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What I am trying to do is make a drink called "Tarhun". It is, in its essence tarragon extract, sugar, water and lemon juice. I can not find fresh tarragon, so I must use either oil based tarragon extract or dried herb.

In the case of an extract - how would one create an emulsion with the essentail oil (or an oil based extract) for a drink? If you just put a drop of it in water it wont mix - it will stay a single drop of oil.

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Sugar will bind with the essential oil, allowing you to produce a flavored syrup that you can use to sweeten the drink in place of sugar. This is a commonly used practice in drink-making since a syrup is much quicker to integrate than dry sugar.

For a typical simple syrup recipe, you combine equal parts water and sugar and heat them until the sugar dissolves. With a flavor extract, I typically add the extract to the sugar first, let the sugar absorb the extract, then add the water and proceed as normal. You'll need to experiment with the amount of extract to achieve your desired level of flavor.

Keep the resulting syrup in an airtight container in the refrigerator; it will keep for at least a couple weeks. If you increase to two parts sugar to one part water (sometimes called "rich simple syrup") or add a small amount of alcohol, you'll get much longer shelf life.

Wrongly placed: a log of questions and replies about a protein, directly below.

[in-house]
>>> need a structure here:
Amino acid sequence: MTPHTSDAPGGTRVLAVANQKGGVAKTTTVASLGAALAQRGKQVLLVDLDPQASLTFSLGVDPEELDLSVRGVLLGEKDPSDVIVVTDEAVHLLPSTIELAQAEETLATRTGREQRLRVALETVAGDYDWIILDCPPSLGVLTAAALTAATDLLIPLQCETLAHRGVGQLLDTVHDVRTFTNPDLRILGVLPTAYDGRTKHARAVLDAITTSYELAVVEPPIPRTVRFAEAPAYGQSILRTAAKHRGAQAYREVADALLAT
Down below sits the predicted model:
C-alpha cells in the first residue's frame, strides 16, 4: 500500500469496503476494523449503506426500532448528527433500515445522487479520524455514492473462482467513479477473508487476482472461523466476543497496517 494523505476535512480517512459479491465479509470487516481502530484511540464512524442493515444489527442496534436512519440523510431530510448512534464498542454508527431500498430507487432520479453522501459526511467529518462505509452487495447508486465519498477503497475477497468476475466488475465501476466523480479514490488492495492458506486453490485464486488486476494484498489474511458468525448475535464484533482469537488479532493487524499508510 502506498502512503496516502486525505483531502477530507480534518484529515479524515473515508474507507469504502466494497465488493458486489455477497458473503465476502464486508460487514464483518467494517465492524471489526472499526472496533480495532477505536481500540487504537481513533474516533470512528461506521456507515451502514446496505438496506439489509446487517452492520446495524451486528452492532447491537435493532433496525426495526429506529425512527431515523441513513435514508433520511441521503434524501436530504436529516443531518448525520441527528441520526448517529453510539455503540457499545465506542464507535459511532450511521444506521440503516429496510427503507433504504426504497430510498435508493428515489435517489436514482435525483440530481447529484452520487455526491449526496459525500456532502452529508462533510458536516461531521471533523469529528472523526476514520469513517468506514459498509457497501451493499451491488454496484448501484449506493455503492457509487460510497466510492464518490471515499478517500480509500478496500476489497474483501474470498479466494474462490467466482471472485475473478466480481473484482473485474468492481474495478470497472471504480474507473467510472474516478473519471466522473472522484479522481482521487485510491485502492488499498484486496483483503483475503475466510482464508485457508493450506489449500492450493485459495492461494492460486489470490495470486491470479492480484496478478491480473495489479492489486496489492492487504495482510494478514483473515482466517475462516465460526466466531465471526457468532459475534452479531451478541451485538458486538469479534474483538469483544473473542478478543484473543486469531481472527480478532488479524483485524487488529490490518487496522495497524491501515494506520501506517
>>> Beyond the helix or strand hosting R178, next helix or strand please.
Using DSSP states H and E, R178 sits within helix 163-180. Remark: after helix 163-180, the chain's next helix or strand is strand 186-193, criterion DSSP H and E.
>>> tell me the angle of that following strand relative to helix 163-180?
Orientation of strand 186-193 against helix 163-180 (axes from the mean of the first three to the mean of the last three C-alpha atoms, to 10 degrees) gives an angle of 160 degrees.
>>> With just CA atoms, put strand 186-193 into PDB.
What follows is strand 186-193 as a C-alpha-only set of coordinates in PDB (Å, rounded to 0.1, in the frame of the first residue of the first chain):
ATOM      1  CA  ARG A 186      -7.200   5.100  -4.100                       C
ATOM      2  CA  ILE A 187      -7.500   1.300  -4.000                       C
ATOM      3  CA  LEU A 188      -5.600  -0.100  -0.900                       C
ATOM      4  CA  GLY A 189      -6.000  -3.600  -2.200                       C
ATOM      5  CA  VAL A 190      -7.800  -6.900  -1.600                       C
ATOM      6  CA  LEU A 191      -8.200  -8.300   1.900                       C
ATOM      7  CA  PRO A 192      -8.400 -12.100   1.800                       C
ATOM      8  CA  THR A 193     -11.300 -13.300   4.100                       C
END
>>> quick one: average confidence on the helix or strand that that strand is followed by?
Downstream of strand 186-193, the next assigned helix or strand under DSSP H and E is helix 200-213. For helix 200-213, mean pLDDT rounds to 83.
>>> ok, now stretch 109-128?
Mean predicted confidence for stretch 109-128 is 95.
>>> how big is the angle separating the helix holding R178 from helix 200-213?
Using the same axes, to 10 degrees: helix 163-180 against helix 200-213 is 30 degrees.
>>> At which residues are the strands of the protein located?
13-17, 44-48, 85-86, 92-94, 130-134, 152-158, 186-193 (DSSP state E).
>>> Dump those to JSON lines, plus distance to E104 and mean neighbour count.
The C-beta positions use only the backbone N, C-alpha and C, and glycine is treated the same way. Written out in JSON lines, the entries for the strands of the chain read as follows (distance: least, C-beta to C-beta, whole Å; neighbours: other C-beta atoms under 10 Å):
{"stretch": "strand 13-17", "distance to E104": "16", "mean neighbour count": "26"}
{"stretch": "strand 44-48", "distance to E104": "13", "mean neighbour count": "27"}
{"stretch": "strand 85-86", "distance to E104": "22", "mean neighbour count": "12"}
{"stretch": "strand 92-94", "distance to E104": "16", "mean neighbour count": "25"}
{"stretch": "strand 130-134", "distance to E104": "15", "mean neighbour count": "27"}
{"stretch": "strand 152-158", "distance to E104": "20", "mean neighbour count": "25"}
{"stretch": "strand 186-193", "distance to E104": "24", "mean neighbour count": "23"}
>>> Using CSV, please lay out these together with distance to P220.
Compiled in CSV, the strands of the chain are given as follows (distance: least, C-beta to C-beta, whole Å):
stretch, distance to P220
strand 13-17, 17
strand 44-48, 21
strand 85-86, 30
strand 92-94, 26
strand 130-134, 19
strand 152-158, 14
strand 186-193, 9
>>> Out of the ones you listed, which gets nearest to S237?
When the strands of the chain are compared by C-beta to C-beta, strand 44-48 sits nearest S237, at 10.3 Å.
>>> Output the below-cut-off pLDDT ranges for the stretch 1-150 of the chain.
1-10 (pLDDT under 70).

Your other option is to bind the oil with some other emulsifier; egg white is commonly used in cocktails for its ability to form stable, thick foams (which is just an emulsification of air in liquid). The disadvantages with using egg white are that it's difficult to measure in small portions, it will change the texture and flavor of your drink somewhat, and you'll need to agitate (i.e. shake) the drink in order to emulsify the proteins in the egg.

  • Very informative, thank you. Do you, by chance know further how is the sugar reacting with oil? I would expect the oil become one blob again when I dissolve the sugar in water. Great answer either way. – data Jun 8 '15 at 22:48
  • @data I don't know a ton about the chemistry involved, but from what I understand the sugar has chemical groups which can interact with both oil and water. By adding the oil first, you can "bind" it to the sugar, and it remains bound even when the sugar is dissolved in water. – logophobe Jun 10 '15 at 21:55

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